79. Whether to build the "shutdown" (and "halt" etc) utilities. These are only useful
  80. if dinit is the system init (i.e. the PID 1 process). You probably don't want this
  81. unless building for Linux.
  83. Name prefix for "shutdown", "halt" and "reboot" commands (if they are built). This affects
  84. both the output, and what command dinit will execute as part of system shutdown.
  85. If you want to install Dinit alongside another init system with its own shutdown/halt/reboot
  86. commands, set this (for eg. to "dinit-").
  87. USE_UTMPX=1|0
  88. Whether to build support for manipulating the utmp/utmpx database via the related POSIX
  89. functions. This may be required (along with appropriate service configuration) for utilities
  90. like "who" to work correctly (the service configuration items "inittab-id" and "inittab-line"
  91. have no effect if this is disabled). If not set to any value, support is enabled for certain
  92. systems automatically and disabled for all others.
  93. Running test suite
  94. =-=-=-=-=-=-=-=-=-
  95. Build the "check" target in order to run the test suite:
  96. make check
  97. The standard mconfig options enable various sanitizers during build of the tests. On Linux you may
  98. see an error such as the following:
  99. make[3]: Leaving directory '/home/davmac/workspace/dinit/src/tests/cptests'
  100. ./tests
  101. ==25332==ERROR: AddressSanitizer failed to allocate 0xdfff0001000 (15392894357504) bytes at
  102. address 2008fff7000 (errno: 12)
  103. ==25332==ReserveShadowMemoryRange failed while trying to map 0xdfff0001000 bytes. Perhaps
  104. you're using ulimit -v
  105. make[2]: *** [Makefile:12: run-tests] Aborted
  106. If you get this, either disable the address sanitizer or make sure you have overcommit enabled:
  107. echo 1 > /proc/sys/vm/overcommit_memory
  108. Any test failures will abort the test suite run immediately.
  109. To run the integration tests:
  110. make check-igr
  111. (The integration tests are more fragile than the unit tests, but give a better indication that
  112. Dinit will actually work correctly on your system).
  113. In addition to the standard test suite, there is experimental support for fuzzing the control
  114. protocol handling using LLVM/clang's fuzzer (libFuzzer). Change to the `src/tests/cptests`
  115. directory and build the "fuzz" target:
  116. make fuzz
  117. Then create a "corpus" directory and run the fuzzer:
  118. mkdir corpus
  119. ./fuzz corpus
  120. This will auto-generate test data as it finds input which triggers new execution paths. Check
  121. libFuzzer documentation for further details.
  122. Installation
  123. =-=-=-=-=-=-
  124. You can install using the "install" target:
  125. make install
  126. If you want to install to an alternate root (eg for packaging purposes), specify that root via
  127. DESTDIR:
  128. make DESTDIR=/some/path install
  129. The dinit executable will be put in /sbin (or rather, in $DESTDIR/sbin), which may not be on the
  130. path for normal users. Consider making a symbolic link to /usr/sbin/dinit.
  131. Special note for GCC/Libstdc++
  132. =-=-=-=-=-=-=-=-=-=-=-=-=-=-=-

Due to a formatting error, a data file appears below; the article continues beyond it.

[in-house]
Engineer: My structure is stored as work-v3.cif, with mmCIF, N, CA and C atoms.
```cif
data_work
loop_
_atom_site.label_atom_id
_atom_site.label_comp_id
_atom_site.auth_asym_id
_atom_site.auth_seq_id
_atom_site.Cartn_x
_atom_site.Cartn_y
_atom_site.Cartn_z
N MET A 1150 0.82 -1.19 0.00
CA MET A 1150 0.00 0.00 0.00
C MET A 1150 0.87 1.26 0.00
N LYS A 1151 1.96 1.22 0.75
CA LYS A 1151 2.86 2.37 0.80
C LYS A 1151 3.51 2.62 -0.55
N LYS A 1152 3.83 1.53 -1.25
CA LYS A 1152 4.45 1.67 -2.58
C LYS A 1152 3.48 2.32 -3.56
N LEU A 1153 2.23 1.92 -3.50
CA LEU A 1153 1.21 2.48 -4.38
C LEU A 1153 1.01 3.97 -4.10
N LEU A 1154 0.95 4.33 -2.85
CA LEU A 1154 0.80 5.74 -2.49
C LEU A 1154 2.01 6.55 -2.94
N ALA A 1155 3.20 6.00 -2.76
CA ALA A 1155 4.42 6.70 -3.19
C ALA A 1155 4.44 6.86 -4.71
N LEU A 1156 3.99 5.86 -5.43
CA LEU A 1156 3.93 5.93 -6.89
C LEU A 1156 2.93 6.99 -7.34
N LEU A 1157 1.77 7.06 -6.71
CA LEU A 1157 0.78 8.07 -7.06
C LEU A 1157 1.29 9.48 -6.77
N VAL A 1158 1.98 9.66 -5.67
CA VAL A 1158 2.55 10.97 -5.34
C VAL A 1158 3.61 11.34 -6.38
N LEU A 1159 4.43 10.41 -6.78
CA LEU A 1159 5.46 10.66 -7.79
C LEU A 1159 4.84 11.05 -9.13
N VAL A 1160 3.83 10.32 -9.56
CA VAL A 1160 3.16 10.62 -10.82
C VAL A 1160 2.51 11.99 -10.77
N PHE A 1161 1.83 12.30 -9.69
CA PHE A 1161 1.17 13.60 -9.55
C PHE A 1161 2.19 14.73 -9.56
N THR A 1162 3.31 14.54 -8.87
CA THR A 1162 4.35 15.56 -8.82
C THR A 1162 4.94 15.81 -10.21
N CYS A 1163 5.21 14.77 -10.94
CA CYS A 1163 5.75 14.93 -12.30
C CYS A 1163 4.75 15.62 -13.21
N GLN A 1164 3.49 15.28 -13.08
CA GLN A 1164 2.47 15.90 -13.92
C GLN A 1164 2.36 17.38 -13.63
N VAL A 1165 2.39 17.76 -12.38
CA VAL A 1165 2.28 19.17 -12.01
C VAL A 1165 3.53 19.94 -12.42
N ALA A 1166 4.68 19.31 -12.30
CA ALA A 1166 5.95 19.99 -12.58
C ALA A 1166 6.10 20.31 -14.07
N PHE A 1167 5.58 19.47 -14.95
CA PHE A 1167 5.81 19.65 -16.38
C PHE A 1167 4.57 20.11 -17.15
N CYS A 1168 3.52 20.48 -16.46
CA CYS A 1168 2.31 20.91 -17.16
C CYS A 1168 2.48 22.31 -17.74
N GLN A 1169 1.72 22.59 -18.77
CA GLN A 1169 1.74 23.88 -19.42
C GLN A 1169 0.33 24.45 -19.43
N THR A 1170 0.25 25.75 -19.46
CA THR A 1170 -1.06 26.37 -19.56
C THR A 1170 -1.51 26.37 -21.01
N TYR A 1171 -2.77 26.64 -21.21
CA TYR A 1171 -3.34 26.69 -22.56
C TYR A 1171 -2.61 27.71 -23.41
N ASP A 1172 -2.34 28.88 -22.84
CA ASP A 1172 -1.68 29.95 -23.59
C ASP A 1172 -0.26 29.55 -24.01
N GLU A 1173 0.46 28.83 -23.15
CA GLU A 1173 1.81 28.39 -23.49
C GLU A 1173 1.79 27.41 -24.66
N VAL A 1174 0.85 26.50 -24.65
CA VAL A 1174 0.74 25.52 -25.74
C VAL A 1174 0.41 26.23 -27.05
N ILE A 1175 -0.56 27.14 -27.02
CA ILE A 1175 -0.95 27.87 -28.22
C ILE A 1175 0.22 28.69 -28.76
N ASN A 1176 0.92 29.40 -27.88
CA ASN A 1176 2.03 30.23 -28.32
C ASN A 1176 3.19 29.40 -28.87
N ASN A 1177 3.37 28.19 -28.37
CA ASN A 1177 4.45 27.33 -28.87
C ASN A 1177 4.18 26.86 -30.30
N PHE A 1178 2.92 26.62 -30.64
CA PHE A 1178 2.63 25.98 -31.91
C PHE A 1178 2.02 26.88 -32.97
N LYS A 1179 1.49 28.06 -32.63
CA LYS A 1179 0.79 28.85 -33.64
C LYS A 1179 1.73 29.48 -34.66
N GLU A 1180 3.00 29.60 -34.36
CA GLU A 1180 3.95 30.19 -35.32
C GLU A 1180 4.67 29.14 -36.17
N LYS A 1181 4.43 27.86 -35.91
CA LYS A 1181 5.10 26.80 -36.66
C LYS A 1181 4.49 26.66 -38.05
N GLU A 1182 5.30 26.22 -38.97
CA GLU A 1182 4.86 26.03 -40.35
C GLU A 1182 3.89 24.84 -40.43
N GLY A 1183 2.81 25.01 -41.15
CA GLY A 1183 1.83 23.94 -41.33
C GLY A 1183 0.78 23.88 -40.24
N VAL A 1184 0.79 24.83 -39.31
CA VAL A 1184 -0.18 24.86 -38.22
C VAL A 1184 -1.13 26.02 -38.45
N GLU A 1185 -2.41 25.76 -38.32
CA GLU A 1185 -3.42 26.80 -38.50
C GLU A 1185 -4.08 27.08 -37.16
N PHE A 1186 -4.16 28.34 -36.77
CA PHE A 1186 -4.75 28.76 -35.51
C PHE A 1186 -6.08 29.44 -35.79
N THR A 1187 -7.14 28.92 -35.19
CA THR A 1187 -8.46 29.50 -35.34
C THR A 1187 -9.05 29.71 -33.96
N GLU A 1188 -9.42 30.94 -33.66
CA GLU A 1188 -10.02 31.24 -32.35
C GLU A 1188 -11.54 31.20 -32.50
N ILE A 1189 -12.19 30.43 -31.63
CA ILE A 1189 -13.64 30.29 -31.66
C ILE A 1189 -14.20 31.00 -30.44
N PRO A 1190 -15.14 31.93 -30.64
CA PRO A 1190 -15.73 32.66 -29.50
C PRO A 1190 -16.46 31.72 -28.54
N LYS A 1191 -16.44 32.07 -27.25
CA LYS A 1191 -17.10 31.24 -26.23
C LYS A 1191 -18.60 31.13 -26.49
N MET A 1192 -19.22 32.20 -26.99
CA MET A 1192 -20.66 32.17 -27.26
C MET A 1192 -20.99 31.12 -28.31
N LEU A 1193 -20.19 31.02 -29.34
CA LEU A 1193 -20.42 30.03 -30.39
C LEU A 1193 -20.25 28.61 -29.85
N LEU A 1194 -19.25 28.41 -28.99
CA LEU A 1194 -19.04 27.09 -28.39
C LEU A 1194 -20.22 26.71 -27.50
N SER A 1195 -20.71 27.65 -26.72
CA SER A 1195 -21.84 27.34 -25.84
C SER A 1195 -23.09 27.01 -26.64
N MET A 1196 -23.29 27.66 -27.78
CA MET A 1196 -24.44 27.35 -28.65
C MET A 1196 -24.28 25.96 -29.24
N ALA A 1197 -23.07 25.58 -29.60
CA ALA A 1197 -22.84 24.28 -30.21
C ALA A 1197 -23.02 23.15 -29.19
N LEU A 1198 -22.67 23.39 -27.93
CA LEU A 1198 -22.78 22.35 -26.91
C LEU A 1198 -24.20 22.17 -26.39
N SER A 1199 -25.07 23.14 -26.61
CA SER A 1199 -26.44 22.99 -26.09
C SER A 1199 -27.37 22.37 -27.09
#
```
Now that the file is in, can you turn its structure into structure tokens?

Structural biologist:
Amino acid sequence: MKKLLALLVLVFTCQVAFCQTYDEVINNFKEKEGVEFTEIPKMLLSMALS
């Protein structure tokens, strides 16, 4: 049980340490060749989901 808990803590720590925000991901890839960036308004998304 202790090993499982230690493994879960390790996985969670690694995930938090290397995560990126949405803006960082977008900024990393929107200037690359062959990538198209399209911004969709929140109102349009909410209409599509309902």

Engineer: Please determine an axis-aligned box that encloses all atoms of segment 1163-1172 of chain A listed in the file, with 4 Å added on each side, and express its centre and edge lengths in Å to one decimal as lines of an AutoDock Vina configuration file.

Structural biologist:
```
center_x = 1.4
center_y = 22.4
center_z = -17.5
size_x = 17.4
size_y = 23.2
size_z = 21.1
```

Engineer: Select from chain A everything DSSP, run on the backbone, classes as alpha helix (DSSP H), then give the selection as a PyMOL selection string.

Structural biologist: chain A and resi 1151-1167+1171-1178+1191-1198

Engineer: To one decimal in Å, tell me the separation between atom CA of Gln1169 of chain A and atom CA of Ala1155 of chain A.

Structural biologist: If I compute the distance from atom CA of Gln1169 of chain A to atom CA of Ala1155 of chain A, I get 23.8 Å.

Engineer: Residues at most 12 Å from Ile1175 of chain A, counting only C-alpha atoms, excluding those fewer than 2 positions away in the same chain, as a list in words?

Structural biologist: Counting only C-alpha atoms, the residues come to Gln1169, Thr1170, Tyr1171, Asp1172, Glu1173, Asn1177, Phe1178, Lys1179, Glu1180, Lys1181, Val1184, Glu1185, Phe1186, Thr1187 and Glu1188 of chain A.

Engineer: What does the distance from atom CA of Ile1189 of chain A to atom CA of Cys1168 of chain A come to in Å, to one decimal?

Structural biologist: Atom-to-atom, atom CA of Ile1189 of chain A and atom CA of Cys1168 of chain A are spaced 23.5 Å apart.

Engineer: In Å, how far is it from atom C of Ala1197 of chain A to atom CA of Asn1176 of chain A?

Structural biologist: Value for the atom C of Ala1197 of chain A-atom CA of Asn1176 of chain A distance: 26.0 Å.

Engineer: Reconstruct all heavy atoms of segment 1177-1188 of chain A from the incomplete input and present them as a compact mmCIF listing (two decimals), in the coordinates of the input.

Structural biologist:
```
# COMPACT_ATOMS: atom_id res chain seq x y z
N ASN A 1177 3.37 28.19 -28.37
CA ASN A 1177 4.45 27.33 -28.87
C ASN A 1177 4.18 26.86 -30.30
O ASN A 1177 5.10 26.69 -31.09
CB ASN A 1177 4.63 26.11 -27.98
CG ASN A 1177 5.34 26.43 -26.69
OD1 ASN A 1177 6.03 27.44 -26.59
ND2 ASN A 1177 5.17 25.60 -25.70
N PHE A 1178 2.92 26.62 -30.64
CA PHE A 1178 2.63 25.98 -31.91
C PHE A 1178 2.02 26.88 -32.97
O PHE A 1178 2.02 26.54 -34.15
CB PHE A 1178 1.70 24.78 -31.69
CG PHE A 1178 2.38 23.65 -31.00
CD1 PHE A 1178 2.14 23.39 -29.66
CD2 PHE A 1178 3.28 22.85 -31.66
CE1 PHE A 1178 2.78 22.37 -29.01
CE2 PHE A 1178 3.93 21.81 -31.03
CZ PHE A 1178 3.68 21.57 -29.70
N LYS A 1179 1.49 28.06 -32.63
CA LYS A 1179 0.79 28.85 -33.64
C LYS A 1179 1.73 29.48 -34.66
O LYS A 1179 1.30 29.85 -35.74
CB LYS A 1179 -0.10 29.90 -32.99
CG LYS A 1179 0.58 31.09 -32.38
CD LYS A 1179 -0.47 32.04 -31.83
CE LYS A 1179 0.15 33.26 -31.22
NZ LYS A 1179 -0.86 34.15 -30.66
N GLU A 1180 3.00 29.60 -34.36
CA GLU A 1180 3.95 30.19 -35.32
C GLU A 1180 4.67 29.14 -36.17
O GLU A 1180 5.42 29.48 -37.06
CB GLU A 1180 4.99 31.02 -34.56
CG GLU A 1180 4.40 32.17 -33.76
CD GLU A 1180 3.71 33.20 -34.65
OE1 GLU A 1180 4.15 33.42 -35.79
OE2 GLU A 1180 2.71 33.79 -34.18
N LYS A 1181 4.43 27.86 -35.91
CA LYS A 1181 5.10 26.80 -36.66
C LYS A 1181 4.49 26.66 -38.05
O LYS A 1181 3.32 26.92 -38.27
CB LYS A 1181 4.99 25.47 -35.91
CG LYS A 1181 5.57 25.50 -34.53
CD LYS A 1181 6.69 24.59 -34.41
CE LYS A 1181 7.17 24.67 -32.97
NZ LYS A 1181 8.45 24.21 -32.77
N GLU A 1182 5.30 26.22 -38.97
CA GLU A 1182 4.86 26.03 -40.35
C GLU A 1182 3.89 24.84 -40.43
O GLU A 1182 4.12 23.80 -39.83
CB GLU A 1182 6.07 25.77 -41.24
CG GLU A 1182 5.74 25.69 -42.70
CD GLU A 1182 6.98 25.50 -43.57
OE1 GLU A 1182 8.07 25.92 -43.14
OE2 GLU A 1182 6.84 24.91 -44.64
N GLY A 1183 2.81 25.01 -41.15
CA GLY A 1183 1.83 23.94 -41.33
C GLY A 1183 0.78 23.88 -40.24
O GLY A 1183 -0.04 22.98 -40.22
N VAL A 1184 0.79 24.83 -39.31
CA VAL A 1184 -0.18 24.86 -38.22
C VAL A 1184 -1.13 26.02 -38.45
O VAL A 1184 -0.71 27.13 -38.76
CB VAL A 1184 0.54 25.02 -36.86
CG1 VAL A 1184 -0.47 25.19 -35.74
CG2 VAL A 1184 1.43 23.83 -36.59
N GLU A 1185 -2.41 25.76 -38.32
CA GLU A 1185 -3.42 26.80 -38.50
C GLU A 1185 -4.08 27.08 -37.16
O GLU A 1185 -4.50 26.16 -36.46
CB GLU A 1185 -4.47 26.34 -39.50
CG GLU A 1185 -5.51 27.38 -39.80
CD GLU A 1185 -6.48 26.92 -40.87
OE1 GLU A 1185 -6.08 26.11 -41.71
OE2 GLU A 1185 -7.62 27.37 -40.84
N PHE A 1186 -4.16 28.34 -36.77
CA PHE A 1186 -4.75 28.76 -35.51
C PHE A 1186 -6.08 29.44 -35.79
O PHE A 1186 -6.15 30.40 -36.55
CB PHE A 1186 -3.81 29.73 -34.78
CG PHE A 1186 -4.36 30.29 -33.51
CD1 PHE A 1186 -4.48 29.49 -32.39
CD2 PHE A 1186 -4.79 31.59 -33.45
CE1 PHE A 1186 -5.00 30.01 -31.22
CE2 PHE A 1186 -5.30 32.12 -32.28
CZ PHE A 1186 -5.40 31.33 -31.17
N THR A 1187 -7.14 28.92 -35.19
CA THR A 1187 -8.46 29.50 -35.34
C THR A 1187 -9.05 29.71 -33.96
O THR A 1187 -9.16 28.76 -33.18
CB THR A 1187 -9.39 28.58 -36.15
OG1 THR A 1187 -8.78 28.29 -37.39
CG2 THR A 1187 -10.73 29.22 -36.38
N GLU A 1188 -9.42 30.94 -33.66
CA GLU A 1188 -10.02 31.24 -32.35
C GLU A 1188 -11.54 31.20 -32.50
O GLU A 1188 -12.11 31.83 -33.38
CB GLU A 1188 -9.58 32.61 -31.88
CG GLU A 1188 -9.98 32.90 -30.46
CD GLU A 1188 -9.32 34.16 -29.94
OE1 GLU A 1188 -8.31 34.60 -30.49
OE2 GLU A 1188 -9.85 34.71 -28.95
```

133. (Note: the issue discussed here has apparently been resolved in recent GCC versions, with the fix
  134. backported to GCC 6.x series and newer).
  135. GCC 5.x onwards includes a "dual ABI" in its standard library implementation, aka Libstdc++.
  136. Compiling against the newer (C++11 and later) ABI can be achieved by adding
  137. -D_GLIBCXX_USE_CXX11_ABI=1 to the compiler command line; this uses a non-standard language
  138. extension to differently mangle symbol names in order to link against the new ABI versions.
  139. (Some systems may be configured to build with the new ABI by default, and in that case you
  140. build against the old ABI using -D_GLIBCXX_USE_CXX11_ABI=0).
  141. This is problematic for several reasons. First, it prevents linking against the new ABI with
  142. other compilers that do not understand the language extension (LLVM i.e. clang++ does so
  143. in recent versions, so this is perhaps no longer much of a problem in practice). Secondly,
  144. some aspects of library behaviour are ABI-dependent but cannot be changed using the ABI
  145. macro; in particular, exceptions thrown as a result of failed I/O operations are, in GCC
  146. versions 5.x and 6.x, always "old ABI" exceptions which cannot be caught by code compiled
  147. against the new ABI, and in GCC version 7.x they are always "new ABI" exceptions which cannot
  148. be caught by code compiled against the old ABI. Since the one library object now supposedly
  149. houses both ABIs, this means that at least one of the two ABIs is always broken.
  150. A blog post describing the dual ABI mechanism can be found here:
  152. The bug regarding the issue with catching other-ABI exceptions is here:
  154. Since Dinit is affected by this bug, the unfortunate possibility exists to break Dinit by
  155. upgrading GCC. If you have libstdc++ corresponding to GCC 5.x or 6.x, you *must* build with
  156. the old ABI, but Dinit will be broken if you upgrade to GCC 7. If you have libstdc++ from
  157. GCC 7, you *must* build with the new ABI. If the wrong ABI is used, Dinit may still run
  158. successfully but any attempt to load a non-existing service, for example, will cause Dinit
  159. to crash.